Confronting art history
In this large painting, Kehinde Wiley, an African-American artist, strategically re-creates a famous French painting from two hundred years before but with key differences. This act of appropriation reveals issues about the tradition of portraiture and all that it implies about power and privilege. Wiley asks us to think about the biases of the art historical canon (the set of works that are regarded as “masterpieces”), representation in pop culture, and issues of race and gender. Here, Wiley replaces the original white subject—the French general-turned-emperor Napoleon Bonaparte—with an anonymous Black man whom Wiley approached on the street as part of his “street-casting process.” Although Wiley does occasionally create paintings on commission, he typically asks everyday people of color to sit for photographs, which he then transforms into paintings. Along the way, he talks with those sitters, gathering their thoughts about what they should wear, how they might pose, and which historical paintings to reference.
Napoleon Leading the Army is a clear spin-off of Jacques-Louis David’s painting of 1801, which was commissioned by Charles IV, the King of Spain, to commemorate Napoleon’s victorious military campaign against the Austrians. The original portrait smacks of propaganda. Napoleon, in fact, did not pose for the original painting nor did he lead his troops over the mountains into Austria. He sent his soldiers ahead on foot and followed a few days later, riding on a mule.
Choosing symbolic details
Wiley calls attention to ideas about authority and historical representation, keeping many original elements and making significant alterations. The royal blue coat of the original makes an appearance (peeking out from the young man’s camouflage shirt), as does the gold-encased sword (held in place by a red strap). But Wiley’s subject wears an outfit that is completely contemporary and reflective of a culture notorious for flashy imagery and larger than life figures: hip hop culture. This young man wears camouflage fatigues, Timberland work boots, and a bandana—conjuring up militaristic associations with the original painting and with the violence of contemporary urban America, particularly as experienced by young Black men. The subject of Wiley’s painting reveals his tattoos and wears red wristbands from the Starter sportswear company, details that add to the sense that this is a real individual living in the early 21st century.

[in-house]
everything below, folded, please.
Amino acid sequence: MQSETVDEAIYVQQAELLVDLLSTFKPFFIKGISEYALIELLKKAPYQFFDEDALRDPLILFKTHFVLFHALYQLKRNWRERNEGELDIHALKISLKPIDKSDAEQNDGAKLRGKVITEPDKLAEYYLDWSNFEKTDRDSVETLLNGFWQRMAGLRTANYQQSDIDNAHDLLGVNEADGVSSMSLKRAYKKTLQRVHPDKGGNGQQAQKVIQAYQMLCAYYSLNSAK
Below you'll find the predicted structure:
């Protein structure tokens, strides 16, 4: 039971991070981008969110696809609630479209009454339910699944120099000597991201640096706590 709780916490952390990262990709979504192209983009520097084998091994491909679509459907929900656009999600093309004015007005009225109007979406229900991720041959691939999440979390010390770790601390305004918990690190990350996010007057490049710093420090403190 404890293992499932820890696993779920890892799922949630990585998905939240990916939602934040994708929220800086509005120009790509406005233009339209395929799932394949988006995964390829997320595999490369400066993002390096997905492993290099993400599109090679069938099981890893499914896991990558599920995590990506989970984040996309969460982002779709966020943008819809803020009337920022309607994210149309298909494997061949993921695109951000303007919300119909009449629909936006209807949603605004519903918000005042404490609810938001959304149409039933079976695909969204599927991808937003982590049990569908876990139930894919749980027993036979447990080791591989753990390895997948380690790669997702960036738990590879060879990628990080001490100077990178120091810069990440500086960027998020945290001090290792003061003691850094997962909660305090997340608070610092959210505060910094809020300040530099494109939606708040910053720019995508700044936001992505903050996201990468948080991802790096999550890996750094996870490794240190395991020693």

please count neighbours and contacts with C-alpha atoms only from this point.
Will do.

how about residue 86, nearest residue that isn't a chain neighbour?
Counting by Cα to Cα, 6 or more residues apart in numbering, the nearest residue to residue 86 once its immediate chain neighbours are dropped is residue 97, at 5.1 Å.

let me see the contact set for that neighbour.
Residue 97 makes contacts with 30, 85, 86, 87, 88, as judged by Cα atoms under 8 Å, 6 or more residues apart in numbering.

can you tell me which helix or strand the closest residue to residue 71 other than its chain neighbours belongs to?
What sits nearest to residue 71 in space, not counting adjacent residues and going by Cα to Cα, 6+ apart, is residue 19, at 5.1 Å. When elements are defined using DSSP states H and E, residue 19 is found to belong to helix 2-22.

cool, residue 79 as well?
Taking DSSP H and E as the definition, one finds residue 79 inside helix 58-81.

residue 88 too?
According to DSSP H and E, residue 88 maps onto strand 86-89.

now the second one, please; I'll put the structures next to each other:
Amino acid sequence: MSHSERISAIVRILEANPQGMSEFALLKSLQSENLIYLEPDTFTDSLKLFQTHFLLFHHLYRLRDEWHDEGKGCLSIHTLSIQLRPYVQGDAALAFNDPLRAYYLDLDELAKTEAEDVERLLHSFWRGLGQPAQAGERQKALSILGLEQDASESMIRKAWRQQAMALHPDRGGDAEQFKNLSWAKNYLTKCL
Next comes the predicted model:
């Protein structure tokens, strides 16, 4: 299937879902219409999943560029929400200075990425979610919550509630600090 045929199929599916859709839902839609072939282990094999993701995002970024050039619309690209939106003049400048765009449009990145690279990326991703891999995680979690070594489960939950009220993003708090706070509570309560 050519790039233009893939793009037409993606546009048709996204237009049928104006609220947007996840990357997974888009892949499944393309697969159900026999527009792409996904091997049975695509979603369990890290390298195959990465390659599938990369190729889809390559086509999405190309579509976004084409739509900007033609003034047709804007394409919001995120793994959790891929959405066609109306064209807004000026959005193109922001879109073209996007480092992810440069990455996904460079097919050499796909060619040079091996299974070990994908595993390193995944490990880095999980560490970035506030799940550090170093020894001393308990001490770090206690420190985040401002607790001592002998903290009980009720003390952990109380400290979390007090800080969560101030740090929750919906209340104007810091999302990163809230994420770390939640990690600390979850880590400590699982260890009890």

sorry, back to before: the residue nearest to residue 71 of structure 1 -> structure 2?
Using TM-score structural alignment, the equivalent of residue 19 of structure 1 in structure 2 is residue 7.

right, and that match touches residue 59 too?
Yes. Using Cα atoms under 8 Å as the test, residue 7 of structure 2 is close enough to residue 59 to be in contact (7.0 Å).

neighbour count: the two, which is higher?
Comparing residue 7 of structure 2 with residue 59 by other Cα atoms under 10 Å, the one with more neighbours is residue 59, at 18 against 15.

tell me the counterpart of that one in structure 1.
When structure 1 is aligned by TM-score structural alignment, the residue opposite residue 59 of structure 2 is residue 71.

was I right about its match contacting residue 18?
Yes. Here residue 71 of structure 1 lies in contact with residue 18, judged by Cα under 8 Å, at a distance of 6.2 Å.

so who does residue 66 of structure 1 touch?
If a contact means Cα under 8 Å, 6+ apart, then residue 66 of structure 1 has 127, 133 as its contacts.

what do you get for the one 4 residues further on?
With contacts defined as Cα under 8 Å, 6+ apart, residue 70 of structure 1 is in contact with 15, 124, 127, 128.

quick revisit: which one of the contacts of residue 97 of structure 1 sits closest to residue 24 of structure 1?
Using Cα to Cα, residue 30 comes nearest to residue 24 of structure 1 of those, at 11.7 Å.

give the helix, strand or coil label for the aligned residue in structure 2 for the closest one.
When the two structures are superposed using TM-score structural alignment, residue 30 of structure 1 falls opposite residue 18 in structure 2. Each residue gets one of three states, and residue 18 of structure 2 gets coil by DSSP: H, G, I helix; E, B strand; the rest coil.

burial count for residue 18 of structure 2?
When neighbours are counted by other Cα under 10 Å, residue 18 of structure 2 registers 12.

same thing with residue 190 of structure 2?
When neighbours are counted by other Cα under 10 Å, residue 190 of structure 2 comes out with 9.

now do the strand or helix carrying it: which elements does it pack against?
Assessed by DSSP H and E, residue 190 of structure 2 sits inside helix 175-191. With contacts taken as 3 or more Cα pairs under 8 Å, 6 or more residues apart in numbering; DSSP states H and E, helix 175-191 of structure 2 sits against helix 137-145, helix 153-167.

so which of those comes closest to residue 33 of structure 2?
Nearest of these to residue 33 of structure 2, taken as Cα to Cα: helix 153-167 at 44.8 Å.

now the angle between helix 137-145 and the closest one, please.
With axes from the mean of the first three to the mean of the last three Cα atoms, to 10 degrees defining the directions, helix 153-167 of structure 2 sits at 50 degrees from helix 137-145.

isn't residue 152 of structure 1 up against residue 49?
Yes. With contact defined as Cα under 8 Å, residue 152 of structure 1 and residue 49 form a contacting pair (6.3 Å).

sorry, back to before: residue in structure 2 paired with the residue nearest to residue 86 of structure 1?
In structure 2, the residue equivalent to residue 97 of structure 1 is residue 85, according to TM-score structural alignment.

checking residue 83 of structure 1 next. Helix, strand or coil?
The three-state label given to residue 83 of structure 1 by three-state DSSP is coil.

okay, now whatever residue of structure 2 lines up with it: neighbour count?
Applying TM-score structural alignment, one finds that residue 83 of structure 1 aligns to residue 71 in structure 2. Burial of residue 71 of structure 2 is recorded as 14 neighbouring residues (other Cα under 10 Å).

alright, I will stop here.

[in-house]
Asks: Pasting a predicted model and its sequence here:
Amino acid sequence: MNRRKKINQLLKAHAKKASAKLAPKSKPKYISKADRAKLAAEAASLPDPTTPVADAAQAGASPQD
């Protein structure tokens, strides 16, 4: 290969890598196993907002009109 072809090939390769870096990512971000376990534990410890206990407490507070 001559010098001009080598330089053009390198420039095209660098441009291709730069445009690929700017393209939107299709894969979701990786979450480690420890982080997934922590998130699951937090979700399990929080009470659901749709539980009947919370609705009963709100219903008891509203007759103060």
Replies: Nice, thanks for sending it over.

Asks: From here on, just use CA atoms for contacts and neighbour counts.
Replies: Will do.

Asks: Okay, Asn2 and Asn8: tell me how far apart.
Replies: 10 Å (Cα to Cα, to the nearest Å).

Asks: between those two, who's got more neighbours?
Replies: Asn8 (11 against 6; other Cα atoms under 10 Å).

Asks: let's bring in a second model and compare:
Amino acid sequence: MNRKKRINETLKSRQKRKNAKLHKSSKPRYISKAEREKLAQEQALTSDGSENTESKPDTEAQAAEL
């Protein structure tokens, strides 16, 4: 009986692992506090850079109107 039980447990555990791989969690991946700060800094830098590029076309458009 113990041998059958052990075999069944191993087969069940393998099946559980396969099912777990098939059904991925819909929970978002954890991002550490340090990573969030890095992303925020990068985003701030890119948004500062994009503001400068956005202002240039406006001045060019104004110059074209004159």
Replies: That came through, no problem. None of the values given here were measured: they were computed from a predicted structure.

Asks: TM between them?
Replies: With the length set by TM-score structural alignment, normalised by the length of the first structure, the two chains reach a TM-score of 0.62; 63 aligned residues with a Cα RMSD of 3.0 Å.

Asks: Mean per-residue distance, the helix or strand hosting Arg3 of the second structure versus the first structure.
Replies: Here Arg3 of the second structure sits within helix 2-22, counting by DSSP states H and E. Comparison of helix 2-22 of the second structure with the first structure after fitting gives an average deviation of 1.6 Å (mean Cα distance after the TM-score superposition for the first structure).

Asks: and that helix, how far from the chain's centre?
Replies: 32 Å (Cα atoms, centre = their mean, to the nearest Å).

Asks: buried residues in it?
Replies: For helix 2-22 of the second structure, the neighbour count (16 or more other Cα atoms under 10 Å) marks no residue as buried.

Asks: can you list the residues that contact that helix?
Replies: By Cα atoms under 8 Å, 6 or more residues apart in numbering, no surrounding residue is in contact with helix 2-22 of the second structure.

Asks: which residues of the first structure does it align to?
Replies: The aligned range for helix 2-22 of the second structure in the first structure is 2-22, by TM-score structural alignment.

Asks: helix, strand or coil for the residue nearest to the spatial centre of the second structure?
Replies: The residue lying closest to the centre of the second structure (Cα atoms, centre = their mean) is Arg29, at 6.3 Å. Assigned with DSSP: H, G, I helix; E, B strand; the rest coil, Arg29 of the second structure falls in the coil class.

Instead of the naturalistic setting of David’s painting, Wiley has inserted a decorative, unrealistic backdrop reminiscent of luxurious French fabric. This background, along with the high-keyed colors, and ornate frame (complete with faux family shields and the artist’s self-portrait at the top) call attention to the artificiality and pompousness of image-making.
The background is also infused with tiny paintings of sperm—Wiley’s way of poking fun at the highly charged masculinity and propagation of gendered identity that are involved in the Western tradition of portraiture. This particular subgenre of portraiture—the equestrian portrait—is particularly infused with the lineage of male power. From classical Rome to post-revolutionary France, political and military leaders on horseback have evoked and perpetuated social norms of masculine might and control (for example, this equestrian portrait of the Roman Emperor Marcus Aurelius).
Through his demonstration of extraordinary painting skill and his use of famous portraits, Wiley could be seen as wryly placing himself in line with the history of great master painters. Here, for example, he has signed and dated the painting just as David did, painting his name and the date in Roman numerals onto the band around the horse’s chest. Wiley makes another reference to lineage in the foreground where he retains the original painting’s rocky surface and the carved names of illustrious leaders who led troops over the Alps: NAPOLEON, HANNIBAL, and KAROLUS MAGNUS (Charlemagne). But Wiley also includes the name WILLIAMS—another insistence on including ordinary people of color who are often left out of systems of representation and glorification. Not only is Williams a common African-American surname, it hints at the imposition of Anglo names on Black people who were brought by force from Africa and stripped of their own histories.
About the artist
Kehinde Wiley attracted media and art world attention almost immediately after earning his MFA from Yale University in 2001. He was an artist-in-residence at the Studio Museum in Harlem and has been included in many significant group and solo exhibitions. Wiley now employs studio assistants who participate in his “street-casting” process and in the various stages of painting and sculpture fabrication. In addition to large-scale paintings, Wiley has created stained glass, painted altarpieces, and cast bronze sculptures, all of which examine of art history, race, gender, and the power of representation.
Read about this artwork in the Reframing Art History chapter “Responding to the early modern European tradition.”
Gayle Clemans, “The Stunning and Subversive Pageantry of Artist Kehinde Wiley,” The Seattle Times, February 16, 2016.
Shahrazad A. Shareef, “The Power of Decor: Kehinde Wiley’s Interventions into the Construction of Black Masculine Identity” (UMI Dissertations Publishing, 2010).
Roberta Smith, “Kehinde Wiley: A New Republic at the Brooklyn Museum,” New York Times, February 19, 2015.
Eugenie Tsai, ed., Kehinde Wiley: A New Republic (Brooklyn, New York: Brooklyn Museum, 2015).